It all got me to thinking about those infamous, barking side-pipes that were offered from ‘65 to ‘67, and slightly milder ‘69 side-pipes that made even the 300-HP small-block sound as ominous as a junkyard dog. Two unique designs were offered back then. Beginning in ‘63, as part of the overall Z06 package, was the $37.70 N11 option, the Off-Road Exhaust System, which included low-restriction, under the car mufflers and 2-1/2-inch exhaust pipes. This option was available through to ‘68 and was officially listed as “off-road.” (That’s GM-speak for “race track”, is in, racing.) The N14 Side-mount Exhaust System was another animal altogether. The system begins at the end of the exhaust manifold flange with the typical 90-degree bend.
But instead of bending towards the back of the car, the bends were directed towards the sides of the car. After a short distance of about 12-inches or so, there was a gentle bend of approximately 118-degrees that leads to a long, straight tube that passed as a “muffler.” The “muffler” portion that ran along the side rocker panel had small crimps that created little internal baffles – and not much baffle at that.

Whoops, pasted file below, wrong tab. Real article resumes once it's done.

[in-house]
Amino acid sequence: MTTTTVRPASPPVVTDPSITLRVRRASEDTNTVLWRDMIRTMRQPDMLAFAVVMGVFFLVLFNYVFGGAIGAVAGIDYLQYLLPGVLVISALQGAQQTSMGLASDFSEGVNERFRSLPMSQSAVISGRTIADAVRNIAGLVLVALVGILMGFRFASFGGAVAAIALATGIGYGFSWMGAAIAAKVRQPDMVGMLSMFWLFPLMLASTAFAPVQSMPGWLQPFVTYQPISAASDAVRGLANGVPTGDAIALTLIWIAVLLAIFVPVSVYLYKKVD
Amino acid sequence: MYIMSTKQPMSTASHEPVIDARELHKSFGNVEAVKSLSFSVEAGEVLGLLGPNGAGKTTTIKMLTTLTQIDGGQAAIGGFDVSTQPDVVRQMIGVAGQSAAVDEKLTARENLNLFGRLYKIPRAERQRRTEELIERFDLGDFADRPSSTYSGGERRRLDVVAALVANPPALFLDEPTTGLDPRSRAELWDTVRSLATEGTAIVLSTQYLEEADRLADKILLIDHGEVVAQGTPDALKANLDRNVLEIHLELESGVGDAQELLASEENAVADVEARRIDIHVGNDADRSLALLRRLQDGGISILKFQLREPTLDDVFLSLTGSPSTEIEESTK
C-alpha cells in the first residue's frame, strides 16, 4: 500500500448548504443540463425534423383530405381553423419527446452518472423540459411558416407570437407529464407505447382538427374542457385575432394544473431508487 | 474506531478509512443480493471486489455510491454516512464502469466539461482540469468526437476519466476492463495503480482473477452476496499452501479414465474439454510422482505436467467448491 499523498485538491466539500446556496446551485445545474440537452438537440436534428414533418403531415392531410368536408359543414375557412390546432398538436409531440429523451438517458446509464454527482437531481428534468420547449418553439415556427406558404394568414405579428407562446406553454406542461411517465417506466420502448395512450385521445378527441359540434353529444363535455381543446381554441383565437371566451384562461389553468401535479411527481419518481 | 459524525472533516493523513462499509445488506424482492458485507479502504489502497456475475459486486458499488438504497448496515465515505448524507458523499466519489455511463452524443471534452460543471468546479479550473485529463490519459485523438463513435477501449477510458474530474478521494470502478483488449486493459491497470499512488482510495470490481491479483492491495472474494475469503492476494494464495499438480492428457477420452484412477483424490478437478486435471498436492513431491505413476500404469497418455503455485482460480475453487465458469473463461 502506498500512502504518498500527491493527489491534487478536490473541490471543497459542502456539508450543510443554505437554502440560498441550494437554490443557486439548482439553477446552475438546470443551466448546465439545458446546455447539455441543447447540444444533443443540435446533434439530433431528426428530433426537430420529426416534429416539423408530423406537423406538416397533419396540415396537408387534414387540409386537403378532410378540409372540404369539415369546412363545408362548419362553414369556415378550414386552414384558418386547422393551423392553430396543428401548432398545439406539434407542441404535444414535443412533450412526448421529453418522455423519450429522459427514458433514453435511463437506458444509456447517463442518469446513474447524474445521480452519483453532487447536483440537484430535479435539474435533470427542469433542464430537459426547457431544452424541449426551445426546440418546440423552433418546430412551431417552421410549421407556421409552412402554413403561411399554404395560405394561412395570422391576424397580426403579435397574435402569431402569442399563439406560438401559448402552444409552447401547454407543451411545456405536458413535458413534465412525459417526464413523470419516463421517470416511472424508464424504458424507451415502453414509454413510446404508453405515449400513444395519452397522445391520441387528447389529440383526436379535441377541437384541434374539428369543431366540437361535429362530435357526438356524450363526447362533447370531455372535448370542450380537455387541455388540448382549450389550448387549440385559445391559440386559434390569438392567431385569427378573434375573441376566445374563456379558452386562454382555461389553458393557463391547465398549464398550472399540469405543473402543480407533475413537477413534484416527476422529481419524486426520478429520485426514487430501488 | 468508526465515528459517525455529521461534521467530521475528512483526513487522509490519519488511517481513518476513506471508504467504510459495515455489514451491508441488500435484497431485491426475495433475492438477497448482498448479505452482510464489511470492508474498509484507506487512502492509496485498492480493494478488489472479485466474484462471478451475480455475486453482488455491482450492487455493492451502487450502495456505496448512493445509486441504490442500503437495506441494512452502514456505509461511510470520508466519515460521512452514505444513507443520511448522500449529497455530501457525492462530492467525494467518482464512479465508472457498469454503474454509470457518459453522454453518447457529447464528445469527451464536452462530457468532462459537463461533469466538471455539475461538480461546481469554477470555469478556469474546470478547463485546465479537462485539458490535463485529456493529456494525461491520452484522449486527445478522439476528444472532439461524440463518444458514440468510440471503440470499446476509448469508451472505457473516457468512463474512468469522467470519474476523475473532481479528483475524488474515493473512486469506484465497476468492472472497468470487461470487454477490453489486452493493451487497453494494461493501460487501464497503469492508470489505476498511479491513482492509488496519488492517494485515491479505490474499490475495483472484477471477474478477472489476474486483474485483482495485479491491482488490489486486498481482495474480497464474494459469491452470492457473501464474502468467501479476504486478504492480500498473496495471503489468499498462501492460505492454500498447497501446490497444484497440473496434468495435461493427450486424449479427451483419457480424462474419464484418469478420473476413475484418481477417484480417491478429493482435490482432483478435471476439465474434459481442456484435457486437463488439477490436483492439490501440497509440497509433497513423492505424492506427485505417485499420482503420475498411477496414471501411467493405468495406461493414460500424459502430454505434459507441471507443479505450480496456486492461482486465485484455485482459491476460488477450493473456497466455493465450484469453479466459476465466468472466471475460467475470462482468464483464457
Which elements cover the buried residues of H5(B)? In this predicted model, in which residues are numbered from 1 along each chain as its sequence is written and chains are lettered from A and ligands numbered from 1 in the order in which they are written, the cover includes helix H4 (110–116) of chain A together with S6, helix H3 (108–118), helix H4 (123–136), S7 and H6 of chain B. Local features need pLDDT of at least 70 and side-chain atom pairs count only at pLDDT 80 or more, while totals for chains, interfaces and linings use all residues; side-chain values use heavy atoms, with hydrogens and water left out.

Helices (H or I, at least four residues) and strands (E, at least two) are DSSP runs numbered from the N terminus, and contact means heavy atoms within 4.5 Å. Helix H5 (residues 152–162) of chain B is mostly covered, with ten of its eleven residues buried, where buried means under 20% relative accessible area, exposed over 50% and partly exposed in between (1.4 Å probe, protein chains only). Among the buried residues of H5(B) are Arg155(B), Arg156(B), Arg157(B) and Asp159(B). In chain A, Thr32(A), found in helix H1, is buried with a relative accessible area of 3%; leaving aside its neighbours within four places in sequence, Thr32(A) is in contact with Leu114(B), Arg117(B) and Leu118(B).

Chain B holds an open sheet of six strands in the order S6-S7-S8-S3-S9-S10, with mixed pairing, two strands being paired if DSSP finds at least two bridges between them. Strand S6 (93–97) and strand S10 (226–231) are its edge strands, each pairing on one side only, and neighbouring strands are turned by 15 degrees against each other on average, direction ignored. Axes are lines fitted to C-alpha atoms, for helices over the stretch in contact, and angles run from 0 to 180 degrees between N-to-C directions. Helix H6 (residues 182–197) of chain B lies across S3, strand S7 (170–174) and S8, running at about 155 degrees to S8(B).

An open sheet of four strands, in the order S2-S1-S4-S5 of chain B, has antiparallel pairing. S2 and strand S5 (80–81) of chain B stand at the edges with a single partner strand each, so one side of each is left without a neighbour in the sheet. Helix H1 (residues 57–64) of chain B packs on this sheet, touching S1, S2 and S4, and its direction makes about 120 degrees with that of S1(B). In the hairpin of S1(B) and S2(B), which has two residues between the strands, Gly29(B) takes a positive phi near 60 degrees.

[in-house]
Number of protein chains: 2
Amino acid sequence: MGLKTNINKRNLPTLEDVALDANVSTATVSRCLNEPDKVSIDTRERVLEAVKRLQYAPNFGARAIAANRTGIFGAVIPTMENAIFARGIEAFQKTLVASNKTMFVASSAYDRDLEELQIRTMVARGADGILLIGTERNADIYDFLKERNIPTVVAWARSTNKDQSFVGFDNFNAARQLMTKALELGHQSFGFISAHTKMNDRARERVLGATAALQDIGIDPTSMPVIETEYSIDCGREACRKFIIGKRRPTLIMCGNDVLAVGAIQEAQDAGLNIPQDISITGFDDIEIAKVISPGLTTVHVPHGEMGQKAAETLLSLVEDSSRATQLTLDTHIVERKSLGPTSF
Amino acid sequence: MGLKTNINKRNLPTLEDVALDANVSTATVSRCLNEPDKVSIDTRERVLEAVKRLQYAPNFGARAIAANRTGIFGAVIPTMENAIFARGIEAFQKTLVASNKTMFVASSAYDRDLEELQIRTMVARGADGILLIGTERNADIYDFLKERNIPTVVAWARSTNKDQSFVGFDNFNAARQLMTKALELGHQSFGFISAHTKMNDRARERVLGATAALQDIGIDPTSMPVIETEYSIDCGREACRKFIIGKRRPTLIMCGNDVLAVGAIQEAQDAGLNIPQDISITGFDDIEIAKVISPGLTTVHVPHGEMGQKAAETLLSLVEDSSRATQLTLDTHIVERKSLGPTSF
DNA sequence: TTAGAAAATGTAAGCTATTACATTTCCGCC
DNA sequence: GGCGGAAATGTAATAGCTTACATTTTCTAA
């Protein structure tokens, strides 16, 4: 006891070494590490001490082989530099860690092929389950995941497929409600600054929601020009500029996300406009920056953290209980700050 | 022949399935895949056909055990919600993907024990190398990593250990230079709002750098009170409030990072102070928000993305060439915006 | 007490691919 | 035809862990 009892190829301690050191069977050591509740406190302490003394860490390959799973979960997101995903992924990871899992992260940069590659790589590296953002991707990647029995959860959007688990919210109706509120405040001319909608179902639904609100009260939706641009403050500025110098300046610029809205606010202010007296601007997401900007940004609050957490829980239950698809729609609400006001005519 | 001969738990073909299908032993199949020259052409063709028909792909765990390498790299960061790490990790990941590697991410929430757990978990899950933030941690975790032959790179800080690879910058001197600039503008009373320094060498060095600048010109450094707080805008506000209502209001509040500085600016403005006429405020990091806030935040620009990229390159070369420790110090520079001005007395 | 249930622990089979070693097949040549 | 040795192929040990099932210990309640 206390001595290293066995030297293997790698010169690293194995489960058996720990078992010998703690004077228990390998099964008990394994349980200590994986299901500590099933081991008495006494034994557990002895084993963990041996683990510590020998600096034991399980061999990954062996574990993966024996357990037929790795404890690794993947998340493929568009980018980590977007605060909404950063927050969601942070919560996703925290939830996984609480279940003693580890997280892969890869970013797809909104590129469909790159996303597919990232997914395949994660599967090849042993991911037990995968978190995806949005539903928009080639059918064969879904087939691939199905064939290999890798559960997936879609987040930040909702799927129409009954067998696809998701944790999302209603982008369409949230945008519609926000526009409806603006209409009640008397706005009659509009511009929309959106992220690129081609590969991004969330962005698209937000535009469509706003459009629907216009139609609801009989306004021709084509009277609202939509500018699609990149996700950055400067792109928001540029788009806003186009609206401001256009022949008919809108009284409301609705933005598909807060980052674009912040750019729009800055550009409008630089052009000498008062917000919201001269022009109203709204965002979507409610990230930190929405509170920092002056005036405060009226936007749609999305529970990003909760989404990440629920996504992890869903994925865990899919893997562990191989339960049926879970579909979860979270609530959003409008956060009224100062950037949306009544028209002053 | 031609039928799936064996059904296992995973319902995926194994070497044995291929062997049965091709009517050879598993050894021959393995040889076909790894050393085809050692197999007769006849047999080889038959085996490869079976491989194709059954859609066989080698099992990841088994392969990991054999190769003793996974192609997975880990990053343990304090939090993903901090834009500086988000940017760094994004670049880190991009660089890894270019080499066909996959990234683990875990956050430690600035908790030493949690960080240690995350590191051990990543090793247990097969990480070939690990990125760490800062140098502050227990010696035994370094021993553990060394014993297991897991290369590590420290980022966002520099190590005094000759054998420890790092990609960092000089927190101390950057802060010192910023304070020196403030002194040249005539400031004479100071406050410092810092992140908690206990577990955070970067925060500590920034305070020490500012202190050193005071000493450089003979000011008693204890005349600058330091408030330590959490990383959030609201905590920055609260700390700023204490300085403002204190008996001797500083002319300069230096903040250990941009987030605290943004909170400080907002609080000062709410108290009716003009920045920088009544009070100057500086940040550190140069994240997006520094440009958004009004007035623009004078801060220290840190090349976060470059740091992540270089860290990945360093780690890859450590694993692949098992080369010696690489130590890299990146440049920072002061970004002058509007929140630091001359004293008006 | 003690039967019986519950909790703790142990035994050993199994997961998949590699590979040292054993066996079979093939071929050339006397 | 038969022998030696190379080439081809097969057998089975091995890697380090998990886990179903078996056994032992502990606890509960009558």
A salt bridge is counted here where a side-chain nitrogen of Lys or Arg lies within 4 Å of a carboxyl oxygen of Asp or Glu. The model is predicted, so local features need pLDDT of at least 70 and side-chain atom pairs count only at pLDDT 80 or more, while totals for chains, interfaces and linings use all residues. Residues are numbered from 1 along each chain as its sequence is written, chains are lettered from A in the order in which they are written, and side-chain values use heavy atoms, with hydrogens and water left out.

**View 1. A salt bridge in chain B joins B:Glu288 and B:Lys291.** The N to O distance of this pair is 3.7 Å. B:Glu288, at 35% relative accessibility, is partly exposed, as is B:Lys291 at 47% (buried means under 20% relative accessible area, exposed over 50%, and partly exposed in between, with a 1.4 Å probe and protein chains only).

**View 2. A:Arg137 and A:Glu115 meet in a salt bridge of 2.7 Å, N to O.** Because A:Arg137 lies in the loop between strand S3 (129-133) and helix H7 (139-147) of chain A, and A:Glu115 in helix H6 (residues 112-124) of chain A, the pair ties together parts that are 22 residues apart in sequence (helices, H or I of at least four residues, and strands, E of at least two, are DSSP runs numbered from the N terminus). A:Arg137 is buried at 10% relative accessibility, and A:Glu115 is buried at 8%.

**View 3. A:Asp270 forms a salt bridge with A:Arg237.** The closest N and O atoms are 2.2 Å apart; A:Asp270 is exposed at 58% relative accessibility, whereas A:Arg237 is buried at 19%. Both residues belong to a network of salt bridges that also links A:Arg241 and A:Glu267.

Since Chevrolet didn’t want to burn the ankles of their Corvette customers and passengers, a set of beautifully styled, aluminum covers were designed. Each cover featured five horizontal ribs, with five sets of vertical blacked-out indentations between the ribs. The standard side rocker panel was replaced with a narrow polished aluminum rib that was mounted over the top of the covers. These hid the attachment screws that held the side covers. At the end of the piece of long, chambered tube was a downward-pointing chrome exhaust tip. And here’s the kicker… the Side-Mounted Exhaust System cost was only $131.65 in 1965! Plus, the system looked fantastic! Talk about “muscle.” Side pipes not only made ‘65 to ‘67 Corvettes look serious, they sounded serious!